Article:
"This time of year I should be working on 'Cold Case,'" Elyea said. "I should be doing 'Ghost Whisperer,' 'The Office,' 'My Name Is Earl.' I mean, all those shows come in every week and they rent from us. So not only do I not have those shows, but each of those crews aren't working. Each show I mentioned, that's 110 people out of work."

When the strike began in early November, work stopped on all new scripts. That was less a problem for the movie studios (which stockpiled future projects) than the TV networks (which felt the pain immediately).

Late-night shows went into re-runs, prime time dramas and comedies ran out of fresh material. Long-running shows became instant cliff-hangers, waiting for scripted endings.

"I think both sides are really losing right now," said Brian Lowry, a critic for Variety. He says the ghost of 1988 (the last time writers went on strike, when networks filled the void with novel programming) is looming.

"A very young Fox network launched two shows that are still running today," Lowry said, "which is 'America's Most Wanted' and 'Cops.' And both of those shows were launched because they were unscripted. One issue that the writers have to be concerned about, the longer the writers are out, the more time the networks will have to experiment with reality shows and unscripted shows."

On the network side, there is the potential for losing even more viewers. That was accelerated by the writer's strike of 20 years ago. This time around there are even more options to go to, from cable to the home computer.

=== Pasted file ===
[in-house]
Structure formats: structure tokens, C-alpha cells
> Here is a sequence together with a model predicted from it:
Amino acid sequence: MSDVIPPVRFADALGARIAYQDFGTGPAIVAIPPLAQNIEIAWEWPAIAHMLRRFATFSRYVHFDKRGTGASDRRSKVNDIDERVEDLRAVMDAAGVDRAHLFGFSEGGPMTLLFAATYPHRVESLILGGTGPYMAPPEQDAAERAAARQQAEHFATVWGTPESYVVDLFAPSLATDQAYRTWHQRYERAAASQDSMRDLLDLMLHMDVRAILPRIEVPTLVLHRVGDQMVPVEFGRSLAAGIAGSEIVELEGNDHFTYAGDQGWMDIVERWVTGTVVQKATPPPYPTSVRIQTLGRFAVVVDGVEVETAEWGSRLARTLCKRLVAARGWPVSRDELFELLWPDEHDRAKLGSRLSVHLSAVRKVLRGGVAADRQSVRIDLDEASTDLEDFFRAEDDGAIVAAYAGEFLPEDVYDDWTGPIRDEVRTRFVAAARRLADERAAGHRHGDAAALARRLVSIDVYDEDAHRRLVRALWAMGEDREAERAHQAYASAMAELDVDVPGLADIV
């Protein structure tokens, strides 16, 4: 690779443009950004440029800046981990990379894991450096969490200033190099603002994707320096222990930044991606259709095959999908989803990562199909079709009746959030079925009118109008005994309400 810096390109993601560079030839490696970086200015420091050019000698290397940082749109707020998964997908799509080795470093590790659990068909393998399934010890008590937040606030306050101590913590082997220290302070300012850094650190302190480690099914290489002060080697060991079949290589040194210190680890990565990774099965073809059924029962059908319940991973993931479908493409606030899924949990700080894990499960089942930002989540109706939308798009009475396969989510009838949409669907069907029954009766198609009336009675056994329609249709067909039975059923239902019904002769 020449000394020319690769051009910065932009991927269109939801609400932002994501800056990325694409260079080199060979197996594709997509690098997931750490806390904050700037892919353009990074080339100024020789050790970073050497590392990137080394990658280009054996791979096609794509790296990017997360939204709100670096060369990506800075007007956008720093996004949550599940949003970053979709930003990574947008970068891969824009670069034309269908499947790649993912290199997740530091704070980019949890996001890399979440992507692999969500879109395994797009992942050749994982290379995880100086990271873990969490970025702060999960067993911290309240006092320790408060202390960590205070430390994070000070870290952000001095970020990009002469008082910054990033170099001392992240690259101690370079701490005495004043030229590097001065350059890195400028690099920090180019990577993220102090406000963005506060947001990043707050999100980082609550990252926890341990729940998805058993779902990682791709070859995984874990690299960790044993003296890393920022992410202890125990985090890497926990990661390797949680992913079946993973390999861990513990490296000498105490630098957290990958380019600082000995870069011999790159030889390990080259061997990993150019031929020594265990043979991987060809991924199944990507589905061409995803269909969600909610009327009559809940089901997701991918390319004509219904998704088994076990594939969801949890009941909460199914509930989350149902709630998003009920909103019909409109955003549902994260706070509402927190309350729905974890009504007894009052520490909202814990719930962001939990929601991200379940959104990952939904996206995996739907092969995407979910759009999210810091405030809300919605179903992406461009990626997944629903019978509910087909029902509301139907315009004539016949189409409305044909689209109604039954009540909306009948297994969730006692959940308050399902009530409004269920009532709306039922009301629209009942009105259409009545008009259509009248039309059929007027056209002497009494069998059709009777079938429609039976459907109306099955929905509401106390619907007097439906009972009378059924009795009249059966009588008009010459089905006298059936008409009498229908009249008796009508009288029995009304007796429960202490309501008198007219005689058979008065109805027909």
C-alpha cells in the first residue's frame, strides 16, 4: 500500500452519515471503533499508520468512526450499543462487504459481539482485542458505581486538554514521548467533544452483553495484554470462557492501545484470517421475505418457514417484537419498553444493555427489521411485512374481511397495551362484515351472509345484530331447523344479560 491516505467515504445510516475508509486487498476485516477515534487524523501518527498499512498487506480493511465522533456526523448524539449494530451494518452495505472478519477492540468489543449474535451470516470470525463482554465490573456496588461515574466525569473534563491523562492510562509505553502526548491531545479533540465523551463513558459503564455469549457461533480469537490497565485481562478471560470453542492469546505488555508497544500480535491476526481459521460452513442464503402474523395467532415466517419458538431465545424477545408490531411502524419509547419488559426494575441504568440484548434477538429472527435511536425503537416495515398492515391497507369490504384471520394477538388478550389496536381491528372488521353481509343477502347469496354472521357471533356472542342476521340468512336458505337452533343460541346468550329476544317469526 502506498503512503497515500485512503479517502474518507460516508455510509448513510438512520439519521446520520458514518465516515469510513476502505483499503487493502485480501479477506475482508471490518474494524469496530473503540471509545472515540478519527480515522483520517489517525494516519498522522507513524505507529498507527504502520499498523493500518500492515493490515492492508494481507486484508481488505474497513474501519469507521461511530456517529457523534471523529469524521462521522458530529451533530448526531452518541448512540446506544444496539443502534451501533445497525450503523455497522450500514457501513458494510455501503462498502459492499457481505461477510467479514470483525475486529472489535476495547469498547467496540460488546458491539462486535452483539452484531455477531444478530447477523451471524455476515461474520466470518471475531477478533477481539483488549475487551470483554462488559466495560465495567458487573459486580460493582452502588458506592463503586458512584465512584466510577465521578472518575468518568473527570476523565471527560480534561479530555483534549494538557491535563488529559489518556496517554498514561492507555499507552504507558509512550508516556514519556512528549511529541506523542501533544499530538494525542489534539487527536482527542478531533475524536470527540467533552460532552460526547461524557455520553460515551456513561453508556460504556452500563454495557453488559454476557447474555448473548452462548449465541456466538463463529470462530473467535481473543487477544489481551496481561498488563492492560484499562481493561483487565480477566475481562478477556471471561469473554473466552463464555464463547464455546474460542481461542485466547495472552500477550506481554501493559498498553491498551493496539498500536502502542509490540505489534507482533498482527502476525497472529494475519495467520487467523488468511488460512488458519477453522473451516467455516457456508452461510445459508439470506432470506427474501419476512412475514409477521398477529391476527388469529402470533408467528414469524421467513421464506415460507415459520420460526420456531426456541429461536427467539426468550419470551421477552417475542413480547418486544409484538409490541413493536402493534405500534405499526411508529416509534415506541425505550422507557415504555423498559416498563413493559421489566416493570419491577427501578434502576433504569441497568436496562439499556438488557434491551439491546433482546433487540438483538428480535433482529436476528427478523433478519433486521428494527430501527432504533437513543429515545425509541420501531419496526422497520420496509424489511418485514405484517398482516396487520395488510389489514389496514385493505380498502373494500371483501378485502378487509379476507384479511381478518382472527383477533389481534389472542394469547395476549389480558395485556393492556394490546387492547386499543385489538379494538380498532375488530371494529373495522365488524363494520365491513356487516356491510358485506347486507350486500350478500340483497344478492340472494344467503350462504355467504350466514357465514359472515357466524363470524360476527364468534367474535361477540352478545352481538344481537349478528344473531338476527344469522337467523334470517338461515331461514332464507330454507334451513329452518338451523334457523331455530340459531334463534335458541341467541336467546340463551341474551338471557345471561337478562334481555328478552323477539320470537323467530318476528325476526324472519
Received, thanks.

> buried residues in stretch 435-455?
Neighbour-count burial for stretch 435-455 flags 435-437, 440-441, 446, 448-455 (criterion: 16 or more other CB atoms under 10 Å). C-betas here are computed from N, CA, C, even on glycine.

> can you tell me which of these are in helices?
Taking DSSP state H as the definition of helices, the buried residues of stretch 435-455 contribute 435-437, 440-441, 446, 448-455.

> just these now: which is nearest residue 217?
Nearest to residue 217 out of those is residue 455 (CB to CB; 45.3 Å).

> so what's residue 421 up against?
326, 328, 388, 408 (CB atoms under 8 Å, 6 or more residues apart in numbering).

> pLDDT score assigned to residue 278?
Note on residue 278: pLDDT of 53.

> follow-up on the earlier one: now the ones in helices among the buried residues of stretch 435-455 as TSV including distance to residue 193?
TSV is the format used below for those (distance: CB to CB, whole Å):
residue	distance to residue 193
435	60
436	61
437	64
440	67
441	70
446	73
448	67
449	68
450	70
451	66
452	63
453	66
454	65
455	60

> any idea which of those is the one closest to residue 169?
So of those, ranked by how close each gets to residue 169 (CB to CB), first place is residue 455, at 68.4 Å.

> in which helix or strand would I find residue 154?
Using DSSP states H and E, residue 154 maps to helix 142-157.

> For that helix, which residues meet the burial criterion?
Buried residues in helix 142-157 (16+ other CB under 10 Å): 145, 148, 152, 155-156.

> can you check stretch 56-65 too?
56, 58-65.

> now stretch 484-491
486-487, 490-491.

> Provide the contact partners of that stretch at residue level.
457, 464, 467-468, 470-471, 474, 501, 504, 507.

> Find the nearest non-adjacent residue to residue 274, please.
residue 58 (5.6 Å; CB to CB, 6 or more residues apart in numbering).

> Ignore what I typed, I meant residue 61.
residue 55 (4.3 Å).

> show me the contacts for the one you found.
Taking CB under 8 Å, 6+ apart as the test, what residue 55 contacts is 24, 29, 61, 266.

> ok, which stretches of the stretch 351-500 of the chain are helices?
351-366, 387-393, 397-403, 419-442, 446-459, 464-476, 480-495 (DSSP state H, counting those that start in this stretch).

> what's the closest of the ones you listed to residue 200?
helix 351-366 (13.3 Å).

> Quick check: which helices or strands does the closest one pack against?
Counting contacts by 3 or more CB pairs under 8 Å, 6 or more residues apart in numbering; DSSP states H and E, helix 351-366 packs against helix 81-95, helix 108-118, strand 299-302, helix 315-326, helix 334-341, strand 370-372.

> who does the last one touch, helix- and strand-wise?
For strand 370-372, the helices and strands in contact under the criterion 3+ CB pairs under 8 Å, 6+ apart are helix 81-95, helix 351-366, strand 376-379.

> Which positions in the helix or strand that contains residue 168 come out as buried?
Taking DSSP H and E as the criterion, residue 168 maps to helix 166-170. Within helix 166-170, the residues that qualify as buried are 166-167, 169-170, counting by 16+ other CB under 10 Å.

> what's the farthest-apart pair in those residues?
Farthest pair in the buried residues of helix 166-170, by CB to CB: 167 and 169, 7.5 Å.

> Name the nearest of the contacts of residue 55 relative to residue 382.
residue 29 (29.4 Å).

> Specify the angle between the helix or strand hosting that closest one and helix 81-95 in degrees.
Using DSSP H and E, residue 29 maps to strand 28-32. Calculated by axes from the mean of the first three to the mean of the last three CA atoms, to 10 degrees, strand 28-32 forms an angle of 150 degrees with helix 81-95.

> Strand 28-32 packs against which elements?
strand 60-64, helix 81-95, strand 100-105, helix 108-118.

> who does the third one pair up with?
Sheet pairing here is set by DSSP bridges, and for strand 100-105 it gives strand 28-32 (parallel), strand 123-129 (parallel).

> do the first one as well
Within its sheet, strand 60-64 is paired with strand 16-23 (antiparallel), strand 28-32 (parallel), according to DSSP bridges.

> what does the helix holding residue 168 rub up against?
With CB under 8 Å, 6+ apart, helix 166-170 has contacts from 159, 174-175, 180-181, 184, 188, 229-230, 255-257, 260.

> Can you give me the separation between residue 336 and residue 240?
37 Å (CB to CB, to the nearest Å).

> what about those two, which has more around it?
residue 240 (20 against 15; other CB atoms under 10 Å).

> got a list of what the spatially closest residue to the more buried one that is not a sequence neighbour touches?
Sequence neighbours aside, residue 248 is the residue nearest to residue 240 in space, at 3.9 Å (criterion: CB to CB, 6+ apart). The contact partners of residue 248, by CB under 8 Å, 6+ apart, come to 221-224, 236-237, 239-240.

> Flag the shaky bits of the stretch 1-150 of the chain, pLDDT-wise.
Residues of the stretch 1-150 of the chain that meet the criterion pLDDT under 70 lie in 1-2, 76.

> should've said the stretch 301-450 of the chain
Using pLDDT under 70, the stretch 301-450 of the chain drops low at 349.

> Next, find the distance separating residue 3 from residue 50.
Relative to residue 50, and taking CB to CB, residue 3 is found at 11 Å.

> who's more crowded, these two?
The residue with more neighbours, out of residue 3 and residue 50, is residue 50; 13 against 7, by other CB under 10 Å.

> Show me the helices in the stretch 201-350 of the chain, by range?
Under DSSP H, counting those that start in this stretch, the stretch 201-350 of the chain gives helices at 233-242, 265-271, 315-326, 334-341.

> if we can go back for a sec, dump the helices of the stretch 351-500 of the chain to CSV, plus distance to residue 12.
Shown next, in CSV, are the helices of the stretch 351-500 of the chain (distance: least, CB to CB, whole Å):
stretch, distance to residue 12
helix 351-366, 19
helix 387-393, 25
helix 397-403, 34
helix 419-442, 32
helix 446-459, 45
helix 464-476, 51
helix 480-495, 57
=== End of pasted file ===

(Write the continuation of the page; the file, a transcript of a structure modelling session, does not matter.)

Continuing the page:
"The question is," said Lowry, "as the people find other options, how many of them will really get to like those options and won't come running back when the networks come back and ring the dinner bell again?"

As the impasse continues there are chinks on both sides. Some writers are grumbling over the get-tough strategy of the Guild. A few smaller producers, like Tom Cruise's United Artists, the Weinstein Company, and David Letterman's Worldwide Pants, have struck side deals with the Guild to get writers back on the job.

A-list actors like Tom Hanks and George Clooney are encouraging an end to the dispute.

The next possible development may come with the directors, who started negotiating their new contract with the producers just yesterday. If they reach a deal, it could set a pattern for the writers. Or not.

"They can make a contract with the Directors Guild that really doesn't have much bearing on us," insisted Verrone. "They need to have a contract with us in order to end the strike."

Without that, the winter of walking the line and re-running old shows promises to drag on, in search of a Hollywood ending.